Greece will be the pleasant surprise of the Eurozone, Prime Minister Kyriakos Mitsotakis told a press conference today at at the 84th Thessaloniki International Fair (TIF).

He said that Greece will achieve its target for high growth rates and said that he did not espouse pessimistic forecasts concerning the global economy.

Mitsotakis noted that the situation inherited by his government in the economy was is not rosy but that it will be possible to implement its policies due to an over-performance in revenues during the last two months.

He maintained this demonstrates a change for the better.

Mitsotakis said the government's economic policy respects fiscal discipline and is not focused only on tax cuts but also on a strong growth through a wave of foreign and domestic investments that will create jobs.

Election law

On election law, Mitsotakis said that he did not wish to link issues relating to election law with the changes to the Constitution, noting that these were are distinct issues. He underlined that direct proportional representation is "disastrous" and that he will table a law to ensure stable  governance.

"A party with 40 pct has a right to govern," he declared.

Greece-Turkey-EU relations

The prime minister confirmed that he intends to have a first meeting with Turkish President Tayyip Erdogan on the sidelines of the United Nations assembly.

"If Mr. Erdogan would like to truly restart Greek-Turkish relations then he must prove this in practice," Mitsotakis said, adding that his own intention was to engage in talks "because this is the only way to find mutually acceptable solutions. We come to the negotiation with the arguments provided to us by international law, which is on our side."

Regarding Turkey's violations of sovereignty in Cyprus Exclusive Economic Zone (EEZ), Mitsotakis said that he has raised the issue at all his international meetings, but he stressed that it mainly an EU-Turkey issue.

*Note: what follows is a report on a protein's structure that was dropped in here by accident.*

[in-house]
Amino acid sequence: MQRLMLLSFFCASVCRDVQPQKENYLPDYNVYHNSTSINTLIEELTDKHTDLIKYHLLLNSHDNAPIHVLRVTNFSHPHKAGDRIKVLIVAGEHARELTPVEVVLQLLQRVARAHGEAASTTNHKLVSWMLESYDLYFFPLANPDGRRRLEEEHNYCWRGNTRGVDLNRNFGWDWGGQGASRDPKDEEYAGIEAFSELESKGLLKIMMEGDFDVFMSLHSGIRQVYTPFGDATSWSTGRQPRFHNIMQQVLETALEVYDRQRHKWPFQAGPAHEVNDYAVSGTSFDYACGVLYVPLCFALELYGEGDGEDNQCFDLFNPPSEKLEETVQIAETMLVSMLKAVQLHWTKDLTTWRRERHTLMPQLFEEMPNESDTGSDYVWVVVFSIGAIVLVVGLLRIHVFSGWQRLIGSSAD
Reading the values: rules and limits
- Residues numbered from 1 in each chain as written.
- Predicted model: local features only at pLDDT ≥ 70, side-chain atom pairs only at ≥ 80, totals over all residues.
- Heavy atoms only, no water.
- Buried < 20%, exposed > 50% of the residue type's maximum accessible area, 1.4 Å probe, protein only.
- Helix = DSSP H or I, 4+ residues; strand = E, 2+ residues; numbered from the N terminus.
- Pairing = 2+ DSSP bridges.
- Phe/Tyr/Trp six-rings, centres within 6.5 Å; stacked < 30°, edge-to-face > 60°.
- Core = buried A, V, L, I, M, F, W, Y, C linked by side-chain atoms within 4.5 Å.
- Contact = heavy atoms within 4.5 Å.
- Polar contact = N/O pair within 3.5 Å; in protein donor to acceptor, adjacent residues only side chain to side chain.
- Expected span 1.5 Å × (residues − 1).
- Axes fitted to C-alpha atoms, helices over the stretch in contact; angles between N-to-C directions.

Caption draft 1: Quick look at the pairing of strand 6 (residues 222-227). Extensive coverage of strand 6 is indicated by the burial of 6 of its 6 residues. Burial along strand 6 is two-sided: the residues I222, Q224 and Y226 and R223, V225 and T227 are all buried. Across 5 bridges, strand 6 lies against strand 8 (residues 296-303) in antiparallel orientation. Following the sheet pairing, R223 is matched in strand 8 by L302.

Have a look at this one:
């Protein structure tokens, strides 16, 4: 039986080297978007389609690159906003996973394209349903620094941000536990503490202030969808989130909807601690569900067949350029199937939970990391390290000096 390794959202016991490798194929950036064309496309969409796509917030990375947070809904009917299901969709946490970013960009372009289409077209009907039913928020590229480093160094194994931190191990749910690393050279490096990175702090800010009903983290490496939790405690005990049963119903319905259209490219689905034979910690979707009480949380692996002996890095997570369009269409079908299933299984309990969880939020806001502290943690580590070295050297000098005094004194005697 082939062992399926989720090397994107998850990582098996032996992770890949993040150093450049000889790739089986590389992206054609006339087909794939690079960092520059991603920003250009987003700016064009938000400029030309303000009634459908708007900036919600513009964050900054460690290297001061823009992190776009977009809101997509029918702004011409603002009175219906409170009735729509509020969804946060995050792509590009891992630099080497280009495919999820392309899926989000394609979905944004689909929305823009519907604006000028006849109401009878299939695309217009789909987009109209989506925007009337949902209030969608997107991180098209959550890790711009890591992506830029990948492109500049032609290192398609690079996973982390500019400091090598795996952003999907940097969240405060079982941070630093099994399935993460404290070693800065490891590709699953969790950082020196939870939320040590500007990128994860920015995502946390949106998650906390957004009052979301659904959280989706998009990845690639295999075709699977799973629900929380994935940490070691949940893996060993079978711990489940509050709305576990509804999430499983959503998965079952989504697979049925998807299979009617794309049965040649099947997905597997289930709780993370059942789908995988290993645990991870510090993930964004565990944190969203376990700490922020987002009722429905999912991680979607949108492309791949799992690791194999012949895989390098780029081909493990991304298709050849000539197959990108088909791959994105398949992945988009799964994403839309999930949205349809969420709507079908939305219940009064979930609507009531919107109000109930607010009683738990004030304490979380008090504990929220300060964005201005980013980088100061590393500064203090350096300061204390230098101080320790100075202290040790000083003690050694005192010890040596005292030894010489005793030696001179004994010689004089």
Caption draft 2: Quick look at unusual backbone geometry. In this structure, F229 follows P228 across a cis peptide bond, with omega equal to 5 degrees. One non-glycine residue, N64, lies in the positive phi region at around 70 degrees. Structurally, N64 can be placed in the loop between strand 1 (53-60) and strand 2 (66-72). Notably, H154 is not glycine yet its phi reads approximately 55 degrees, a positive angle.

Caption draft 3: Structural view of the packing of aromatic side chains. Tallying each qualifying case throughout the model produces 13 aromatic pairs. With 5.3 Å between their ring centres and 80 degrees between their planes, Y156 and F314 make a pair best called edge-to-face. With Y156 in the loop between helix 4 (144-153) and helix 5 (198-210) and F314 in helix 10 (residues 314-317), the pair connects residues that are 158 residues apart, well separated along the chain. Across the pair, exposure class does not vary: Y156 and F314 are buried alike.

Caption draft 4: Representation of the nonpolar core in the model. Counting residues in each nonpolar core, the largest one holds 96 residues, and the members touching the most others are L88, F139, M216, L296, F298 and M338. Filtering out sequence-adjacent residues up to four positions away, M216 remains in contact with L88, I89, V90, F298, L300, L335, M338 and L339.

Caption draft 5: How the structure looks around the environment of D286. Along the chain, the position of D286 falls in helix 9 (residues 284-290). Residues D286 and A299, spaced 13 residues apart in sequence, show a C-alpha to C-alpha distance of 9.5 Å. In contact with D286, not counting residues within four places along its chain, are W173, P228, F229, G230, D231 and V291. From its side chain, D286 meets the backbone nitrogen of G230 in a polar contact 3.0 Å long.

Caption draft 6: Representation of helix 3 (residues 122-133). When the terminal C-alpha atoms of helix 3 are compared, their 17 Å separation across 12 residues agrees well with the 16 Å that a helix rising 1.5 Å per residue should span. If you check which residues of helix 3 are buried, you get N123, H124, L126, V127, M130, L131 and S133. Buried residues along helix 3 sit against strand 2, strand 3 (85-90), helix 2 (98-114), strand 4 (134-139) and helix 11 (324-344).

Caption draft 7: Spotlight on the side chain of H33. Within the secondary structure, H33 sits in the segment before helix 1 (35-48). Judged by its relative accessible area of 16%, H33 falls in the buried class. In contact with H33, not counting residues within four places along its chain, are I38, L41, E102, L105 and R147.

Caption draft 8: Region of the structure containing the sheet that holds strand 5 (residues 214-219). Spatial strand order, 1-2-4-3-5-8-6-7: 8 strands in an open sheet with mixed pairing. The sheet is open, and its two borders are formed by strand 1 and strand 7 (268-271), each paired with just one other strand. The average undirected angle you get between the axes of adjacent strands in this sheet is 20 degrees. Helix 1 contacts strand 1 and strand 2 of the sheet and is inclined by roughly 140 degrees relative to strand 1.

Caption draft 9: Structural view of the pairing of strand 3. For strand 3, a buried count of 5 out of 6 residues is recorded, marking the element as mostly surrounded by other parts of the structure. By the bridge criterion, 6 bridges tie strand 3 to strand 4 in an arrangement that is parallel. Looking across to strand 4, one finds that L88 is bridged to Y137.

The migration issue was also a European matter, Mitsotakis emphasised, noting that Turkey had been given a great deal of money, almost six billion euros, to assist in managing migration flows.

Mitsotakis: We will reduce primary surplus targets

The government will push for a decrease of primary surplus targets but not immediately, only once Greece acquires political credibility, Mitsotakis told journalists.

Asked to respond to criticism voiced by main opposition SYRIZA that the PM had said that he would raise the issue right away and not in two years, Mitsotakis said his policy is consistent with everything he had said before the elections on this matter.

"This does not mean that I don't put this on the table during talks and explain why the surpluses are outdated," he added. High growth rates made the debt automatically more sustainable, Mitsotakis noted. "We have all the arguments for the reduction of primary surpluses on our side and we will do it," the prime minister said.

Tax cuts

On the tax cuts that he announced on Saturday, the PM said that all the measures announced for 2020 were costed and realistic and that Greece will not be taking its EU partners by surprise.

"I would not proceed to make announcements unless the measures were fully costed," he said.

PPC

Regarding the Public Power Corporation (PPC) and the government's plan for saving it, Mitsotakis said that the company's liquidity needs to be restored and some parts of it must be sold off.

"I want PPC to be a front runner in a freed up energy market that uses renewable energy sources. We will make it profitable once more. We cannot exercise social policy via the PPC, it must be paid," he said.

Greece to request to pay off IMF loans at Eurogroup

The government intends to pay off the expensive International Monetary Fund (IMF) loans early and  Finance Minister Christos Staikouras will table the request at the Eurogroup on 13 September, Mitsotakis announced.

"We will save approximately 75 million euros a year from this action alone," he said, noting that lower interest rates facilitate the government's policy and allow Greece to borrow at better rates.